The Respondent states that he approached the Swedish division or subsidiary of the Complainant’s group in the spring of 2004 with a proposal for a sales and distribution agreement for the Complainant’s products in Norway. It was agreed that the Respondent should continue to work towards getting the product legalized in Norway.
In February 2008, the Respondent agreed with representatives of the Complainant in Sweden to continue to work with the Norwegian authorities to legalize the product and in the meanwhile to establish a web shop geared towards Norwegian customers. While it was then illegal to sell the product at a store in Norway, it was lawful for Norwegian consumers to order it from a web shop for delivery to their door as personal imports. According to the Respondent it was agreed at this meeting that he would be given a limited period of 6-12 months to sell the Red Bull product in Norway at full scale once the legislation allowed, by way of a test period to evaluate his ability to provide sufficient and high-quality delivery. Pursuant to this agreement the Respondent was given permission to register the Domain Name.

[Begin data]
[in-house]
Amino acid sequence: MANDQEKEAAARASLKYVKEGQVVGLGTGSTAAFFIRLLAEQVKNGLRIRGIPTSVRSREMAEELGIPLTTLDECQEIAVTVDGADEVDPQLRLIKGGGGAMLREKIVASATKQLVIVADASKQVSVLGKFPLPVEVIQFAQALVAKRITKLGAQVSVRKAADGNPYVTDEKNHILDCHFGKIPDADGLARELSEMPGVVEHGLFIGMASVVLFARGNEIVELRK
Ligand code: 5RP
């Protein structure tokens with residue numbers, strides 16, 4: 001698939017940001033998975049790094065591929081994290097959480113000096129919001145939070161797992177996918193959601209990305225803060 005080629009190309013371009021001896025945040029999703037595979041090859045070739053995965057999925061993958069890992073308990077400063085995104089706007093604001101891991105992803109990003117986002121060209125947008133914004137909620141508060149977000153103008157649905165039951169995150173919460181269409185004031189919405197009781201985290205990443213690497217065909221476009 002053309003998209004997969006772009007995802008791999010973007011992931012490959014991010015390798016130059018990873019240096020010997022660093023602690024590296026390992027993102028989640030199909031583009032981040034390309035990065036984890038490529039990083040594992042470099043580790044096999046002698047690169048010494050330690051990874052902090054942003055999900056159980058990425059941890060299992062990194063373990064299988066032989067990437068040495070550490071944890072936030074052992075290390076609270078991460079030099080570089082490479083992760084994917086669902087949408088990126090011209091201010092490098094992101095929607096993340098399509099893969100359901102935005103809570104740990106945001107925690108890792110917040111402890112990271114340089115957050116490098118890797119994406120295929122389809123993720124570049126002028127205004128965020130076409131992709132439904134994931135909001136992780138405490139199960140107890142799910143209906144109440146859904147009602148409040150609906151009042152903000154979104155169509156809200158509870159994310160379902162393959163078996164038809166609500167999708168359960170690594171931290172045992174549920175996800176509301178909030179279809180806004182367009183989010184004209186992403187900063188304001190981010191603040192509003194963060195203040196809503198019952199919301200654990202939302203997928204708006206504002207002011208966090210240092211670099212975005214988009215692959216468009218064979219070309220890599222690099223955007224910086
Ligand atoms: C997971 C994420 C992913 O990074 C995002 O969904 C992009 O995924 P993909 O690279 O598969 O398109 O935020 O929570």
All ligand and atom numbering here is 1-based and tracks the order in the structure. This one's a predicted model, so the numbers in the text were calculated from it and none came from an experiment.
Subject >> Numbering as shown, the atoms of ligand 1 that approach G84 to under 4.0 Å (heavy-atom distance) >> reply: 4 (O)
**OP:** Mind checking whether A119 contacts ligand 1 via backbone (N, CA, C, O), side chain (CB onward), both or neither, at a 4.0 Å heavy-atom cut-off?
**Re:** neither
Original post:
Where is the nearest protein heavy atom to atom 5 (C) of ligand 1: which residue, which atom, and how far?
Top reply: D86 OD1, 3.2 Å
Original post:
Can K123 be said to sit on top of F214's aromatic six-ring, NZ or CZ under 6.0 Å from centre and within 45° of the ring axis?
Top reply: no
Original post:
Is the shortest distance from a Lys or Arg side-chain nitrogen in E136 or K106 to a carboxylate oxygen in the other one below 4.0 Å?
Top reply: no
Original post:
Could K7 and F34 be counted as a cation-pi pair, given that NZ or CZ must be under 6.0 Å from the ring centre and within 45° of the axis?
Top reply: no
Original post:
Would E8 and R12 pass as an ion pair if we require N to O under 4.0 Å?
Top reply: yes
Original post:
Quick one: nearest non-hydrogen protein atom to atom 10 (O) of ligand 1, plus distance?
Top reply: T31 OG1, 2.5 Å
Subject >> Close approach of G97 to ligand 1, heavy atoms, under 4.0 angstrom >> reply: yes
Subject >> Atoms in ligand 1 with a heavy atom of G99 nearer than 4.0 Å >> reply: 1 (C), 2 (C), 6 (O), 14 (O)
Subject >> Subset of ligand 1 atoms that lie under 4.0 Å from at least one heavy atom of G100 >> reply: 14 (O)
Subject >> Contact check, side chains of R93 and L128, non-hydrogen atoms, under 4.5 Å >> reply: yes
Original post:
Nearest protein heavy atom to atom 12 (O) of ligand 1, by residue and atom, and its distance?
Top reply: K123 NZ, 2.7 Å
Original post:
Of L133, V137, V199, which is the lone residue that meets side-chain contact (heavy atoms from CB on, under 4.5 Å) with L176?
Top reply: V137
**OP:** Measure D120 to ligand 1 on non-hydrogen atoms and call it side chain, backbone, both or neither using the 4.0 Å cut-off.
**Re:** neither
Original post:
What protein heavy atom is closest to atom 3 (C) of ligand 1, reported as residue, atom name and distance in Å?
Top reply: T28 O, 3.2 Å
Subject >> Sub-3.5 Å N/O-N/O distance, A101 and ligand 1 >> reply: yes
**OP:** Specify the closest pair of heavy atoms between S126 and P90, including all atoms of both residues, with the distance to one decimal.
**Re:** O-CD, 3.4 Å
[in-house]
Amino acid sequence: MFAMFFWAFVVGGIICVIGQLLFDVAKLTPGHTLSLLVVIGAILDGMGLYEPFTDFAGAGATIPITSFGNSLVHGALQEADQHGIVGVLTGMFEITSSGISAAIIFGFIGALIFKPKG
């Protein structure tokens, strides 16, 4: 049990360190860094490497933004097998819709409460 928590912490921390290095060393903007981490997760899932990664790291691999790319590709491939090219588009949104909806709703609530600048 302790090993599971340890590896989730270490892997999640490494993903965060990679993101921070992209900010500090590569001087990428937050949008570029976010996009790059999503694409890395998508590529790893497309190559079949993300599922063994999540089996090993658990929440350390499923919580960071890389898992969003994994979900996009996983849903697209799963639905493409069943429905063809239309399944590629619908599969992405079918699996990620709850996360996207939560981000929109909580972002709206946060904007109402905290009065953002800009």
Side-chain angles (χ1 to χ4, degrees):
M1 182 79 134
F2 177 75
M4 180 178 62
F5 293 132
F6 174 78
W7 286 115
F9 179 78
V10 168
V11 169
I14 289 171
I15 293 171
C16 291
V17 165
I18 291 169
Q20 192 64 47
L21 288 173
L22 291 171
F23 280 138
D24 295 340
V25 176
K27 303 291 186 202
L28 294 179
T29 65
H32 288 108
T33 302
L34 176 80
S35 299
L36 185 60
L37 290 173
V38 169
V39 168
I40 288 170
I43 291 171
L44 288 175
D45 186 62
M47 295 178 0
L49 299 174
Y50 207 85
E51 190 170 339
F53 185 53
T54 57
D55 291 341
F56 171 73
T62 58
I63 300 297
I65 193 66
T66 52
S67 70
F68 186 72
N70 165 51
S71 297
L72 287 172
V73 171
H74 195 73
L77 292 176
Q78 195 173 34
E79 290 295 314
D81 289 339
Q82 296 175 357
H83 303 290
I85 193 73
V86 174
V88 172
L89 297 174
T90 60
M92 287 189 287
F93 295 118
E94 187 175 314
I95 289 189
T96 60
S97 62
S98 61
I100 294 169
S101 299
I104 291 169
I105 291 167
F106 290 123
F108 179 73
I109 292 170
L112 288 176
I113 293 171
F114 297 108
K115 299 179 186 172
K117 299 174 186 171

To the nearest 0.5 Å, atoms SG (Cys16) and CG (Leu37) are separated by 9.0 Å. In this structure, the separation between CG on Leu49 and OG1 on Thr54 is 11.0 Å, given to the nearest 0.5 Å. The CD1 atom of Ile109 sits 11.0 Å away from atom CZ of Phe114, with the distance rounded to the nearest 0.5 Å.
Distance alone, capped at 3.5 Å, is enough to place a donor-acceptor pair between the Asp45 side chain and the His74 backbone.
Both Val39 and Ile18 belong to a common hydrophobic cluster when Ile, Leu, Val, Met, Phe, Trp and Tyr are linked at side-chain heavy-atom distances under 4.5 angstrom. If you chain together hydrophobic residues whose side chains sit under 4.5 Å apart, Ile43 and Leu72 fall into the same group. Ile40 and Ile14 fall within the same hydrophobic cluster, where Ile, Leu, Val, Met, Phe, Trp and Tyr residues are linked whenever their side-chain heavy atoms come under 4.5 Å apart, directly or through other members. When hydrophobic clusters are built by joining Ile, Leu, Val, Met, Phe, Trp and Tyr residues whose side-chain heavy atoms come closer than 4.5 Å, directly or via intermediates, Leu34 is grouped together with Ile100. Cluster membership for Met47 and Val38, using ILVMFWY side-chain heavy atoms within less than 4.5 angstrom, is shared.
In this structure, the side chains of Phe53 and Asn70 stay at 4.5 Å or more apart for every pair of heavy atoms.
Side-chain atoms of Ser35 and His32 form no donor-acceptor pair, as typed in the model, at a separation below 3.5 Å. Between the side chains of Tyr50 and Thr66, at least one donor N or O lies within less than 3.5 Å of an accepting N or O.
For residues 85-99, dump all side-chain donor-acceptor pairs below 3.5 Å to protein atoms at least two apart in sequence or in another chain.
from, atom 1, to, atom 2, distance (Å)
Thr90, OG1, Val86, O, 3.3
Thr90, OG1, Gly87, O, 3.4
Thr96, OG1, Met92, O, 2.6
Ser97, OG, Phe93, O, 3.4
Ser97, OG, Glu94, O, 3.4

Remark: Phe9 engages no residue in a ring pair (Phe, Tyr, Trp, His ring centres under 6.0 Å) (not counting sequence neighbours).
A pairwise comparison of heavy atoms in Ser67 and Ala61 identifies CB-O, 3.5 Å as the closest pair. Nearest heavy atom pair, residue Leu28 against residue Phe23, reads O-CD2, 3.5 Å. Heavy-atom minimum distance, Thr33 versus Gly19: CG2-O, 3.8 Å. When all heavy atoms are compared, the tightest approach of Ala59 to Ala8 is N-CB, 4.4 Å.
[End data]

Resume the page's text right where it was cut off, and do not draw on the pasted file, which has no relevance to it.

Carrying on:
The Respondent states that following this agreement he continued to work with the Norwegian authorities and in the meanwhile opened a web shop. After the product was legalized in Norway, the Complainant offered to permit the Respondent to continue the web shop but did not offer the Respondent the opportunity to handle distribution and sale in Norway as had been agreed previously.
The Respondent says that he has expended considerable resources over a long period of time based on the promise of a trial period of full-scale sale and distribution of Red Bull in Norway. The Respondent adds that the Domain Name can be bought from him for a reasonable fee.
6. Discussion and Findings
In accordance with paragraph 4(a) of the Policy, in order to succeed in this proceeding, the Complainant must prove (i) that the Domain Name is identical or confusingly similar to a mark in which it has rights; (ii) that the Respondent has no rights or legitimate interests in respect of the Domain Name; and (iii) that the Domain Name has been registered and is being used in bad faith. It is clear that these are cumulative requirements and it is therefore appropriate to consider each of them in turn.